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Politics and Monetary Policy

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  • Ehrmann, Michael
  • Fratzscher, Marcel

Abstract

How and why do politicians’ preferences about monetary policy differ from the interest rates set by independent central banks? Looking at the European Central Bank, the paper shows that politicians, on average, favor significantly lower interest rates. Three factors explain the different preferences. First, politicians put relatively less weight on inflation (and more on output) in their preferred monetary policy reaction function. Second, politicians’ preferences are affected by political economy motives. Third, different preferences are also, and largely, due to different constituencies, as politicians primarily focus on national economic objectives rather than the euro area as a whole.

Suggested Citation

  • Ehrmann, Michael & Fratzscher, Marcel, 2010. "Politics and Monetary Policy," CEPR Discussion Papers 8143, C.E.P.R. Discussion Papers.
  • Handle: RePEc:cpr:ceprdp:8143
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    Cited by:

    1. de Haan, J. & Eijffinger, Sylvester, 2016. "The Politics of Central Bank Independence," Discussion Paper 2016-047, Tilburg University, Center for Economic Research.
    2. Helge Berger & Michael Ehrmann & Marcel Fratzscher, 2011. "Monetary Policy in the Media," Journal of Money, Credit and Banking, Blackwell Publishing, vol. 43(4), pages 689-709, June.
    3. Belke, Ansgar & Potrafke, Niklas, 2012. "Does government ideology matter in monetary policy? A panel data analysis for OECD countries," Journal of International Money and Finance, Elsevier, vol. 31(5), pages 1126-1139.
    4. Klodiana Istrefi & Anamaria Piloiu, 2020. "Public Opinion on Central Banks when Economic Policy is Uncertain," Revue d'économie politique, Dalloz, vol. 130(2), pages 283-306.
    5. Ehrmann, Michael & Osbat, Chiara & Stráský, Jan & Uusküla, Lenno, 2014. "The euro exchange rate during the European sovereign debt crisis – Dancing to its own tune?," Journal of International Money and Finance, Elsevier, vol. 49(PB), pages 319-339.
    6. de Haan Jakob, 2019. "Some Reflections on the Political Economy of Monetary Policy," Review of Economics, De Gruyter, vol. 70(3), pages 213-228, December.
    7. Michael J. Lamla & Damjan Pfajfar & Lea Rendell, 2019. "Inflation and deflationary biases in inflation expectations," BIS Working Papers 789, Bank for International Settlements.
    8. Ehrmann, Michael & Stracca, Livio & Soudan, Michel, 2012. "Explaining EU citizens’ trust in the ECB in normal and crisis times," Working Paper Series 1501, European Central Bank.
    9. Marcus Drometer & Thomas Siemsen & Sebastian Watzka, 2018. "The Monetary Policy of the ECB: Caring for the Weakest Links," Kyklos, Wiley Blackwell, vol. 71(4), pages 537-556, November.
    10. Jill Vardy, 2015. "Reputational Risk Management in Central Banks," Discussion Papers 15-16, Bank of Canada.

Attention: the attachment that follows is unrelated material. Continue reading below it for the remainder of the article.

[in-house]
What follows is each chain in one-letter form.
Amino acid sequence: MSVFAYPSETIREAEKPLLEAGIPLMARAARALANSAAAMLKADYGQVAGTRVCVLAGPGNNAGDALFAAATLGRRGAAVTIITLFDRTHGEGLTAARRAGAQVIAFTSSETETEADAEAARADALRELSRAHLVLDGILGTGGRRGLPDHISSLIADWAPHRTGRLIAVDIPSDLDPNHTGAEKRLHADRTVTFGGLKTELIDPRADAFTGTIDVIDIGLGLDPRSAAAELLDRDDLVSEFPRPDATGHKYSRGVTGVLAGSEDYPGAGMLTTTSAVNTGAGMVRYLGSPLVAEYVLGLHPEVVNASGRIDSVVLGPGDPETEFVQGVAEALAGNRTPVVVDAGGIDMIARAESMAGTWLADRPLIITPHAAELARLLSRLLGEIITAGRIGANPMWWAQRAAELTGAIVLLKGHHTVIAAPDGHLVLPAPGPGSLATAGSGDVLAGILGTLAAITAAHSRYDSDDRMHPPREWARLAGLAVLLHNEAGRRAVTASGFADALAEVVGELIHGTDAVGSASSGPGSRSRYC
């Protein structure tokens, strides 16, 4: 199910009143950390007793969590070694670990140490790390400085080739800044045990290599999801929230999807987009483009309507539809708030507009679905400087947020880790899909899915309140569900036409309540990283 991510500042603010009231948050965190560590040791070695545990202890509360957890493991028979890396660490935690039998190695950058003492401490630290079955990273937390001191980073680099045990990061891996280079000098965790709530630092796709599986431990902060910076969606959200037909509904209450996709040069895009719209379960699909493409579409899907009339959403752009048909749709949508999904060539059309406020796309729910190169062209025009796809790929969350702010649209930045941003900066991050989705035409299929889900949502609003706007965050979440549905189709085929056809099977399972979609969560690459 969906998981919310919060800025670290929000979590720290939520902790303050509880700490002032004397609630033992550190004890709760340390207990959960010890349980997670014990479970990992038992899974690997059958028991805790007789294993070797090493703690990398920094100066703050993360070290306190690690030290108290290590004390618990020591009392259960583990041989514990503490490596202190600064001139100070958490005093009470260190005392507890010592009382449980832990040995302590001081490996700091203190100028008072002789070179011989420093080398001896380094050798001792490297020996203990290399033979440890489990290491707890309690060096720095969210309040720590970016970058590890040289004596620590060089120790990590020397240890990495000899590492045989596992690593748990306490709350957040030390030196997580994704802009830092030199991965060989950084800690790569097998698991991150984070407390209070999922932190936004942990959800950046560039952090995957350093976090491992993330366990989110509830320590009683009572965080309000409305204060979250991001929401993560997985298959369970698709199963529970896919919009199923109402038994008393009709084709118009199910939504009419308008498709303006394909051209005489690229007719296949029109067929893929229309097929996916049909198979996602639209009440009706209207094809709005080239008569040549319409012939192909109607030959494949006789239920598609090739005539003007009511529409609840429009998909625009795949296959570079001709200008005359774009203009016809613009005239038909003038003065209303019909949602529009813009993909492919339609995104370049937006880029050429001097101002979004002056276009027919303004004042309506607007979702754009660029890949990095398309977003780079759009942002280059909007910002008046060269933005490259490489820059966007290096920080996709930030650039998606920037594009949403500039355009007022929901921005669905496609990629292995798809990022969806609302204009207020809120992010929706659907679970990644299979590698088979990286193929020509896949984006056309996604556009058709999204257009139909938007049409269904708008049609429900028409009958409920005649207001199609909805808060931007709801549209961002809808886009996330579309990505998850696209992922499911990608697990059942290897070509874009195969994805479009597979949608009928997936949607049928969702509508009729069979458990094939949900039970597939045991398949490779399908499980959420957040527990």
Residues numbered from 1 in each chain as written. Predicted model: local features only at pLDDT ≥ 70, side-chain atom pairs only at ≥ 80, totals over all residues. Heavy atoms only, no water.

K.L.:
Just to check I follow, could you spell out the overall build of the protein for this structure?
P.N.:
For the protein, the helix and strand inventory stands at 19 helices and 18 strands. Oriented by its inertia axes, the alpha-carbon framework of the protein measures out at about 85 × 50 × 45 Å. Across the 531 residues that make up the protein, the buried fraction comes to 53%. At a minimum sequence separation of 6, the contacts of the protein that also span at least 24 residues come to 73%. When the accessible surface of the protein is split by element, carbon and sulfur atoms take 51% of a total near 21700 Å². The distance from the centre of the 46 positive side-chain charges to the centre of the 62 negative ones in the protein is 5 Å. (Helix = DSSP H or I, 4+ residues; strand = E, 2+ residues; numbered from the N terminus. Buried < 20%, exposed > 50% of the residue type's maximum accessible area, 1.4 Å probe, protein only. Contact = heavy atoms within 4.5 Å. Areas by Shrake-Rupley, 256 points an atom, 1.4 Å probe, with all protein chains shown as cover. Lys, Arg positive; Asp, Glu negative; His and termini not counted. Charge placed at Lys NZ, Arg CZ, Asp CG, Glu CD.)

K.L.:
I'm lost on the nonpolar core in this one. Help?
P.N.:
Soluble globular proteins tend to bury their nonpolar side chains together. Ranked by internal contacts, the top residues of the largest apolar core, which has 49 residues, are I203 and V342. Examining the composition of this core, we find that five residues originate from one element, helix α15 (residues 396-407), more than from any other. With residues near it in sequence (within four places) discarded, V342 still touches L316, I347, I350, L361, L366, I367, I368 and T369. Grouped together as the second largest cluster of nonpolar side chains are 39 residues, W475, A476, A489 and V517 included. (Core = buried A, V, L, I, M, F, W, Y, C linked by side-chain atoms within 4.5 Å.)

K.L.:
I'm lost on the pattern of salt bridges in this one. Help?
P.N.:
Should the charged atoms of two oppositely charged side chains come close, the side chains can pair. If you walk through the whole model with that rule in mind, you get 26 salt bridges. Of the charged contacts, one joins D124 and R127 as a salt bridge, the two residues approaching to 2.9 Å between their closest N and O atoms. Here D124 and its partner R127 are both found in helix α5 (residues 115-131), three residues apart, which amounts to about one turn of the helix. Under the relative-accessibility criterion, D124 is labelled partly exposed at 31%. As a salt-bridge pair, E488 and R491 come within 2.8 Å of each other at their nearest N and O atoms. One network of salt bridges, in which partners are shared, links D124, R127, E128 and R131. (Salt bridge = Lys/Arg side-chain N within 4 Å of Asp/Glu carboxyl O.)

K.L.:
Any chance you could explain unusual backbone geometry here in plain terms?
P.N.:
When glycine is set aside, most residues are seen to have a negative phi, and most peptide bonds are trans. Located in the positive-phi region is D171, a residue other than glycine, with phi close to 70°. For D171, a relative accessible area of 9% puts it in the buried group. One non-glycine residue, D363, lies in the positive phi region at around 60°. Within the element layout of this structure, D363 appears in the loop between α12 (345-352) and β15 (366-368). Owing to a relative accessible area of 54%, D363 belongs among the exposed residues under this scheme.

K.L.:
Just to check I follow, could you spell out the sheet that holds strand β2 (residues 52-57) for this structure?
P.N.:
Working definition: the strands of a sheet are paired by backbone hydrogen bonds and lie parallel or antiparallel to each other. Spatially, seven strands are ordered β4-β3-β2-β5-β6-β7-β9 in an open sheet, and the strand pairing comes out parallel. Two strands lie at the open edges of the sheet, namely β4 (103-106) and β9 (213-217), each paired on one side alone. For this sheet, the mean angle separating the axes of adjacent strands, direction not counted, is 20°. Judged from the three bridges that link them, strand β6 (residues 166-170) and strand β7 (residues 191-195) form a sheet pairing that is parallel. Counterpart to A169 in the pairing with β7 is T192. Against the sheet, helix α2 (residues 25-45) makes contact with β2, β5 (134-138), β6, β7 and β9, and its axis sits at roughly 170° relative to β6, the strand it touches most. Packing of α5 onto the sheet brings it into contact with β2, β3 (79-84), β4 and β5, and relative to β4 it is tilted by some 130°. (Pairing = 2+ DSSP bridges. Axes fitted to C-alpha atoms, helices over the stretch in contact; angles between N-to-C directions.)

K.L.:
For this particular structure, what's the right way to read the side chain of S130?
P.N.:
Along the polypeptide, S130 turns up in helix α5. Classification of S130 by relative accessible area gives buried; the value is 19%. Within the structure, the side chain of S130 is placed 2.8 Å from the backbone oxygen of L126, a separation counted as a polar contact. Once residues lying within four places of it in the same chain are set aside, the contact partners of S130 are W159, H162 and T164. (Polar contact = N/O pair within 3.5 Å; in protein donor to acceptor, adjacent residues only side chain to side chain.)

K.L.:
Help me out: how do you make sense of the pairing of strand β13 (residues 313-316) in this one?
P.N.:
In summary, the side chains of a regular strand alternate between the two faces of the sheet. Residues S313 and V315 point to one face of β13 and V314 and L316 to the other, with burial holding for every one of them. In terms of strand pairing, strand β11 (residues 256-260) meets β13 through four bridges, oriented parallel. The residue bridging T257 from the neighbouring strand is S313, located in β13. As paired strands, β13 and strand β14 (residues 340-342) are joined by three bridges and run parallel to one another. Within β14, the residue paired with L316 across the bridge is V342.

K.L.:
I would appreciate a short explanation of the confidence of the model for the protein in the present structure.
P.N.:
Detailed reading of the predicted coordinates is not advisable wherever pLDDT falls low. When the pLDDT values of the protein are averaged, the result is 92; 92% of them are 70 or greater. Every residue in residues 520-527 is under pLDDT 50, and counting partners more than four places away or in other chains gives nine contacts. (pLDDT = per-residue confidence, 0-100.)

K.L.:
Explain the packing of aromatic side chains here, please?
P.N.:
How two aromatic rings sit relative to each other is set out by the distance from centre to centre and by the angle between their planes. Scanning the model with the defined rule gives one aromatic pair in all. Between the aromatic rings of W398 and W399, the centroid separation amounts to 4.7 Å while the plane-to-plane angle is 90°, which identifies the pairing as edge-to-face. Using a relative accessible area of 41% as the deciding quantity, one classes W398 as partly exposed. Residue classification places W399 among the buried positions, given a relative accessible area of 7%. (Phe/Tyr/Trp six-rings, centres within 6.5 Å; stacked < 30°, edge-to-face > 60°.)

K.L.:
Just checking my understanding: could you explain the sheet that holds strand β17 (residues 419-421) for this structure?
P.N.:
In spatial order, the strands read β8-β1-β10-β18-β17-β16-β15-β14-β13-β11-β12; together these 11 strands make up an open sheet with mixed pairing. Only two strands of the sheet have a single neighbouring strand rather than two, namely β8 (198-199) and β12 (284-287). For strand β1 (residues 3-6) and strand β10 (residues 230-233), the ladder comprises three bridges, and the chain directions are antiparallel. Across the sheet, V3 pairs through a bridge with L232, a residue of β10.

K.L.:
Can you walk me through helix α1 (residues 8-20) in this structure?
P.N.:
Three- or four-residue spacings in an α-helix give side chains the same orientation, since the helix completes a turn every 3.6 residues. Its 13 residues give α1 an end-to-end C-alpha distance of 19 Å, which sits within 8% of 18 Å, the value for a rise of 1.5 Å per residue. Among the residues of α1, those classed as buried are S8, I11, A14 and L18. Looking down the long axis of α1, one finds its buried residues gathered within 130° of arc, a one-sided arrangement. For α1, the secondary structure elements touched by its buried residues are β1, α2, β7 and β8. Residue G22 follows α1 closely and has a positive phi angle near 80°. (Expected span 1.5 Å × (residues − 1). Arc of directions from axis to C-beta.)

11. Salter, Alexander W. & Smith, Daniel J., 2019. "Political economists or political economists? The role of political environments in the formation of fed policy under burns, Greenspan, and Bernanke," The Quarterly Review of Economics and Finance, Elsevier, vol. 71(C), pages 1-13.
    12. Roman Horvath & Dominika Katuscakova, 2016. "Transparency and trust: the case of the European Central Bank," Applied Economics, Taylor & Francis Journals, vol. 48(57), pages 5625-5638, December.
    13. Wildmer Daniel Gregori & Wildmer Agnese Sacchi, 2016. "Has the Grexit news spilled over into euro area financial markets? The role of domestic political leaders, supranational executives and institutions," Mo.Fi.R. Working Papers 134, Money and Finance Research group (Mo.Fi.R.) - Univ. Politecnica Marche - Dept. Economic and Social Sciences.
    14. Gregori, Wildmer Daniel & Sacchi, Agnese, 2019. "Has the Grexit news affected euro area financial markets?," The North American Journal of Economics and Finance, Elsevier, vol. 49(C), pages 71-84.
    15. Michael Lamla & Damjan Pfajfar & Lea Rendell, 2018. "Confidence in Central Banks and Inflation Expectations," 2018 Meeting Papers 945, Society for Economic Dynamics.
    16. Matthias Bauer, 2013. "Political Aversion To a Multilateral Fiscal Rule: The Dynamic Commitment Problem in European Fiscal Governance," Global Financial Markets Working Paper Series 44-2013, Friedrich-Schiller-University Jena.

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    More about this item

    Keywords

    delegation; European Central Bank; interest rates; monetary policy; time inconsistency;
    All these keywords.

    JEL classification:

    • D72 - Microeconomics - - Analysis of Collective Decision-Making - - - Political Processes: Rent-seeking, Lobbying, Elections, Legislatures, and Voting Behavior
    • D73 - Microeconomics - - Analysis of Collective Decision-Making - - - Bureaucracy; Administrative Processes in Public Organizations; Corruption
    • E43 - Macroeconomics and Monetary Economics - - Money and Interest Rates - - - Interest Rates: Determination, Term Structure, and Effects
    • E52 - Macroeconomics and Monetary Economics - - Monetary Policy, Central Banking, and the Supply of Money and Credit - - - Monetary Policy
    • E58 - Macroeconomics and Monetary Economics - - Monetary Policy, Central Banking, and the Supply of Money and Credit - - - Central Banks and Their Policies

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